Then, in the late 1990s, the United States became their biggest shipping destination. The bulk of the lumber produced at Jamestown arrives in the United States—in the Great Lakes region and south to Florida. “In the beginning, most of our product went to eastern Newfoundland, around St John’s,” Dingwall says. “At that time, pulp wood was a very small part of the business. However, in the early 1990s, we put in debarking, chipping and screening equipment and integrated our activities. We’re now able to produce pulp fibre, and so our relationship with pulp and paper mills was founded.” Jamestown produces some green lumber for the treated wood market, such as patio stock, which is sold mainly in Newfoundland and the Canadian Maritimes.

Jamestown is a random length mill and is able to produce up to 16-foot pieces. However, eight-foot 2x4s account for almost 60 per cent of production.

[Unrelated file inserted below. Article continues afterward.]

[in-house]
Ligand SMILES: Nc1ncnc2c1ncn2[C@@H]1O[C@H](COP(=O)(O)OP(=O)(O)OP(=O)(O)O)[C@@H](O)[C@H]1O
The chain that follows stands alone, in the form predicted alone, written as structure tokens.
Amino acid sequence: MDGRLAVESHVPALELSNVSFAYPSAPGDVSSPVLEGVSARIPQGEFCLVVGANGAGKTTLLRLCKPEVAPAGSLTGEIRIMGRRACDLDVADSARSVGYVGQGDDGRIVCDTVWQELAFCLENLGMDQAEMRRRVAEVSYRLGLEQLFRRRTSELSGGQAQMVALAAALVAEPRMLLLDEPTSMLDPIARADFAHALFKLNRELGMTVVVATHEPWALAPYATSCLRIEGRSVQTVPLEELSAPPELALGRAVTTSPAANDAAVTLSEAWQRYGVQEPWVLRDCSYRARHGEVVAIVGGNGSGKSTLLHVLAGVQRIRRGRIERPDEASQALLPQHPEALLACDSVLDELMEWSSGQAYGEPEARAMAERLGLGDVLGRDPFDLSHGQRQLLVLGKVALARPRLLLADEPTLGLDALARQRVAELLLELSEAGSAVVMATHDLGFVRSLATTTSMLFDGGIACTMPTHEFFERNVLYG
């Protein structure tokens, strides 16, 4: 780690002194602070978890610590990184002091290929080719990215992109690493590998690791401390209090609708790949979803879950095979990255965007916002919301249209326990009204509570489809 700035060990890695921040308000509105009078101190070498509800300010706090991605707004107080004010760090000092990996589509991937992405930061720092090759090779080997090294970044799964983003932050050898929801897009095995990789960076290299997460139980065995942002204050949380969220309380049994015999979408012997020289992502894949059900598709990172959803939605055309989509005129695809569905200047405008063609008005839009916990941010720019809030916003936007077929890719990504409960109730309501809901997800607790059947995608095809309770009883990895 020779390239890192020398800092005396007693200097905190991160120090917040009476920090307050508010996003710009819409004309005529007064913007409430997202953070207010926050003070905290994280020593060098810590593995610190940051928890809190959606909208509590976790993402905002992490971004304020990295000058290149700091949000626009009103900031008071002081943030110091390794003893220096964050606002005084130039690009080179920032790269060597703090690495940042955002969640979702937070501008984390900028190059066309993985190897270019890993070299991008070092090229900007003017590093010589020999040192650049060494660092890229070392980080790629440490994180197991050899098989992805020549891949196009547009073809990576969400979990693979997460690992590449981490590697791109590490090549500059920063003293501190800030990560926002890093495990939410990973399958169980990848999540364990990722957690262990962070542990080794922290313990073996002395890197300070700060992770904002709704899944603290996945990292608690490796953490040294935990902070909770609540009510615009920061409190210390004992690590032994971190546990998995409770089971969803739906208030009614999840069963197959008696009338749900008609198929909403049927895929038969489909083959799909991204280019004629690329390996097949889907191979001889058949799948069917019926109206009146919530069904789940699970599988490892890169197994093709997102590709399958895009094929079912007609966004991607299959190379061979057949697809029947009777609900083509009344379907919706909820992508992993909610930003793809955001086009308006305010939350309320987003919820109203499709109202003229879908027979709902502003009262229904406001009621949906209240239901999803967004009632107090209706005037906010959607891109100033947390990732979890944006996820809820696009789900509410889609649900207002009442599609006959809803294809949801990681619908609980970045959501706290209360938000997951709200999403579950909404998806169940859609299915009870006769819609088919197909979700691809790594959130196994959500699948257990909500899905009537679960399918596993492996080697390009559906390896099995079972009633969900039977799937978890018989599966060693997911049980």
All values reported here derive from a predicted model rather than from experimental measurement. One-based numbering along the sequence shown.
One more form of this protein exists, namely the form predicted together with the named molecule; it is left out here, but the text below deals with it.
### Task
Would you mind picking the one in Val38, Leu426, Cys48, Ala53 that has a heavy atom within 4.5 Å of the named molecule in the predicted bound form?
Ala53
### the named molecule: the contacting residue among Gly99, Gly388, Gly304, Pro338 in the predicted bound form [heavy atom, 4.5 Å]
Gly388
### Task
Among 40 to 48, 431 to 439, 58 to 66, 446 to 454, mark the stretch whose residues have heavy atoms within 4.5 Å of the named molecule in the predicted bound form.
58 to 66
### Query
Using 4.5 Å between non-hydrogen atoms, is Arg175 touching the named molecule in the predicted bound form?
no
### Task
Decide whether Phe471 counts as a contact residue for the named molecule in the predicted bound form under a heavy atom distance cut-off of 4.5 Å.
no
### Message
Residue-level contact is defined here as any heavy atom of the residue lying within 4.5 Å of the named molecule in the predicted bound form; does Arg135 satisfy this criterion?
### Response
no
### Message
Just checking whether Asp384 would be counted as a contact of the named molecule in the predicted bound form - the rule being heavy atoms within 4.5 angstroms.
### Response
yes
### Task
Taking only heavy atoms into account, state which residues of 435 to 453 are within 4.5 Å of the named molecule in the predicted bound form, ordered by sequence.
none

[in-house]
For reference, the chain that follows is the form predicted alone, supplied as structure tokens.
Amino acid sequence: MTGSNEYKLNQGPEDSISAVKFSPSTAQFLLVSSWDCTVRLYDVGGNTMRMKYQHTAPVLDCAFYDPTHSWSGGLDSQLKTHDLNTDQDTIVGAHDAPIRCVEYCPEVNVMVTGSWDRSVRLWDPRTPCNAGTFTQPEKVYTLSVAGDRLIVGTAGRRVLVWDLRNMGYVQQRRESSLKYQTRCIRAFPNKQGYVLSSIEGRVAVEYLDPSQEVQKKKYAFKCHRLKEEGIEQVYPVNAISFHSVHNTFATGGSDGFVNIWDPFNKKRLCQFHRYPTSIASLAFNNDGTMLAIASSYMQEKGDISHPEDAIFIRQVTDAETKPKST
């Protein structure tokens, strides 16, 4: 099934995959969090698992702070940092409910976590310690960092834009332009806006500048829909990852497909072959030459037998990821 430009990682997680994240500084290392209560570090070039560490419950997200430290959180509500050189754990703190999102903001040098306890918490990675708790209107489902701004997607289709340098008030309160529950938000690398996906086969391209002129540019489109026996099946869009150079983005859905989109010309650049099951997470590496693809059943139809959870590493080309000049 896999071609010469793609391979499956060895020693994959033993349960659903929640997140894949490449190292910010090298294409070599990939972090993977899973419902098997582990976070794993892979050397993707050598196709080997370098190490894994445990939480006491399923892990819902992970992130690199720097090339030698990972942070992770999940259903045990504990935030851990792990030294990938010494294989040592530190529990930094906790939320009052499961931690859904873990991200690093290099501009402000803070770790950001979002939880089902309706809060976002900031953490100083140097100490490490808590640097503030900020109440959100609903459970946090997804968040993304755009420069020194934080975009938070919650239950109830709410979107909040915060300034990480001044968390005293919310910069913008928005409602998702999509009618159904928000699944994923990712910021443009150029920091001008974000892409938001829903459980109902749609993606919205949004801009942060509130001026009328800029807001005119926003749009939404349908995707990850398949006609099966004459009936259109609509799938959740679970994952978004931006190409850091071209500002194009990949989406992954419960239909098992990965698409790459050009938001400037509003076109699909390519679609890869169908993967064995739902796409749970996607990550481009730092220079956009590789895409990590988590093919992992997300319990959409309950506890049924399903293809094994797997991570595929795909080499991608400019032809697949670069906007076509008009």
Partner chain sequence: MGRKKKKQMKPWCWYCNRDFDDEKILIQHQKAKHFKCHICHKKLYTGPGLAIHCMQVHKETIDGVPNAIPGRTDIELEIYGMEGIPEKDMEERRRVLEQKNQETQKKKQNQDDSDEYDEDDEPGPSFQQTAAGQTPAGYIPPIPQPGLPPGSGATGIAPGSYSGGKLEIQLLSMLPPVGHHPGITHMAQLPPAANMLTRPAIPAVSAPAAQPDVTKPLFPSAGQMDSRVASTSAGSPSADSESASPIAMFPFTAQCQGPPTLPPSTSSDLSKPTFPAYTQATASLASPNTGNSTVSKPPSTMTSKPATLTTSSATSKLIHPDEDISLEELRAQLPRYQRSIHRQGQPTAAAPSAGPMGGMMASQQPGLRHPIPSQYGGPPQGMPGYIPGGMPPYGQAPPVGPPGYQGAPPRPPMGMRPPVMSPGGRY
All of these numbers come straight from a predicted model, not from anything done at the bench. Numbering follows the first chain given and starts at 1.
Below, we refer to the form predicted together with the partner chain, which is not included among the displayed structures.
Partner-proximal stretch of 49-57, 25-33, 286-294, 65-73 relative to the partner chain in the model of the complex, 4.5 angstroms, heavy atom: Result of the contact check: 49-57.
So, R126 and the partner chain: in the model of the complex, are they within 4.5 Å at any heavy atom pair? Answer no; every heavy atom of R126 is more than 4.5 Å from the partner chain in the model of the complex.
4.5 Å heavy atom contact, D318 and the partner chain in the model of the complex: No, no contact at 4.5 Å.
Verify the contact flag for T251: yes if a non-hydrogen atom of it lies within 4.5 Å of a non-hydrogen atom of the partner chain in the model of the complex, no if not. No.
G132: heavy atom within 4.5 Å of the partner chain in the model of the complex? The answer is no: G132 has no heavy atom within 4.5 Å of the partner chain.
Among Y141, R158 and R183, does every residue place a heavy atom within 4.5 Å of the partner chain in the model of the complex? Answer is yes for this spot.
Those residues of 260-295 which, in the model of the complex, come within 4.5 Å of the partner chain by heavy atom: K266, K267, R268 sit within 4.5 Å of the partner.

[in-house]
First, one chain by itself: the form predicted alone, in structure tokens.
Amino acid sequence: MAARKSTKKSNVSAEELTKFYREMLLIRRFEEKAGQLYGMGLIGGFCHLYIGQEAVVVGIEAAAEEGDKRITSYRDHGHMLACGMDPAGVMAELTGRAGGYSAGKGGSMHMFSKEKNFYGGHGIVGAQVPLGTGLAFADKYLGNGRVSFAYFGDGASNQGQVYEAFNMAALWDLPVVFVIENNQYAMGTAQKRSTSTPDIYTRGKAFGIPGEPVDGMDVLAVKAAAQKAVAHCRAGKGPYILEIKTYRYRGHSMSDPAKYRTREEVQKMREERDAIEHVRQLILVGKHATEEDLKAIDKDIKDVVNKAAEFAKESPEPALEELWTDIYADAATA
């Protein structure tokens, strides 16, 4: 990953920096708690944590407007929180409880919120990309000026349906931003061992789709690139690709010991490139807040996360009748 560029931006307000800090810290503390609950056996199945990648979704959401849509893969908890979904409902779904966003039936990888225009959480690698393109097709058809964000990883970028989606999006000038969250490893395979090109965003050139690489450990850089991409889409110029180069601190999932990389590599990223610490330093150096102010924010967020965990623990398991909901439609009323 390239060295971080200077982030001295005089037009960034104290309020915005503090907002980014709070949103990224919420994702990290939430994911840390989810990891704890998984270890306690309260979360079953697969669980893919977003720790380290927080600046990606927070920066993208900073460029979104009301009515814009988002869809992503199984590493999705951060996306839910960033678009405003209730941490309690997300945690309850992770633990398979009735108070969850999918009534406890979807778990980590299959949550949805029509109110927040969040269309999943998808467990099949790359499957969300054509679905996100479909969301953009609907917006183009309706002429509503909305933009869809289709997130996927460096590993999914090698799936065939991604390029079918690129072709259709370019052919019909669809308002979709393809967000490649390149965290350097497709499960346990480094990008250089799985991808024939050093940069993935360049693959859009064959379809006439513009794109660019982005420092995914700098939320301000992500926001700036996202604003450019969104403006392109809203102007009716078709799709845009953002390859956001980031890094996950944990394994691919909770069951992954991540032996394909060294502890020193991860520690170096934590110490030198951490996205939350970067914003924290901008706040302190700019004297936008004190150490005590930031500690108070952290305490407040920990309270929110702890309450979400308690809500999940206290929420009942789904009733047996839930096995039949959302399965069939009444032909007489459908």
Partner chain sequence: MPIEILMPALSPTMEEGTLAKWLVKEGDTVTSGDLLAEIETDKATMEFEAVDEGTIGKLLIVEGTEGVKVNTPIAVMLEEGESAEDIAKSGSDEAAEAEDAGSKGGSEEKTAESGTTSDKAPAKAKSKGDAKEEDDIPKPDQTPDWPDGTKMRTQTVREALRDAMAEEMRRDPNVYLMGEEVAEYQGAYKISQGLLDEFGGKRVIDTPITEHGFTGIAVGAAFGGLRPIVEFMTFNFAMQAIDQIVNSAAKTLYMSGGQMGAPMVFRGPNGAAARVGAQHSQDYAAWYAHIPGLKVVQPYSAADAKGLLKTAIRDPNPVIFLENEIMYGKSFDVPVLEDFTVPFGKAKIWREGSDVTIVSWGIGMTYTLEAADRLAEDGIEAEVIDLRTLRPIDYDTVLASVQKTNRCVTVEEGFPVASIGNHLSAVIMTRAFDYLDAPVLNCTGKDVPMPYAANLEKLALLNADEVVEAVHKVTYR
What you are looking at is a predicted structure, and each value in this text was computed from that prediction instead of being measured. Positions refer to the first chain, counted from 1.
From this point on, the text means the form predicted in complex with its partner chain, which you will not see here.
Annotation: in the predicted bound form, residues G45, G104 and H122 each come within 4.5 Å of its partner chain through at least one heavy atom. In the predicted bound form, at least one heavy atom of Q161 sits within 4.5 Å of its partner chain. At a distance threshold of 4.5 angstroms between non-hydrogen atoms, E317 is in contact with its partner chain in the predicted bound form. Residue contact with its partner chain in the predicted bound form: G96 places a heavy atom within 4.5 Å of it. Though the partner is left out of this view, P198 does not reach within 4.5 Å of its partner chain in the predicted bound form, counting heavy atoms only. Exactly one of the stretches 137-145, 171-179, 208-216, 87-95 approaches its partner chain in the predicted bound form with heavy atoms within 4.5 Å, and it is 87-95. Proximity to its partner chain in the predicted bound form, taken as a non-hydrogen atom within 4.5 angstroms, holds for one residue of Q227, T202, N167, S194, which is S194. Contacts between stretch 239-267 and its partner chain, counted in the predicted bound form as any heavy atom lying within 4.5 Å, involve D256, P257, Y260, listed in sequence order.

The majority of the mill throughput, however, goes through the kiln and is sold dry. Though most of the lumber produced is sold in the States, a larger portion is currently being sold in Canada due to US duties. “This past year we reduced production by a couple of million board feet—about 20 per cent—due to the duties,” Dingwall says. “So, we’ve been investigating other markets. Iceland, for example, is probably appropriate for consideration. We’re the most eastern island in North America, while they’re the most western island in Europe. There’s an opportunity for growth there, I think.” Jamestown has been in discussion with representatives from Iceland. Icelandic companies have shown interest in the high-grade bevel siding, or clapboards, that Jamestown produces.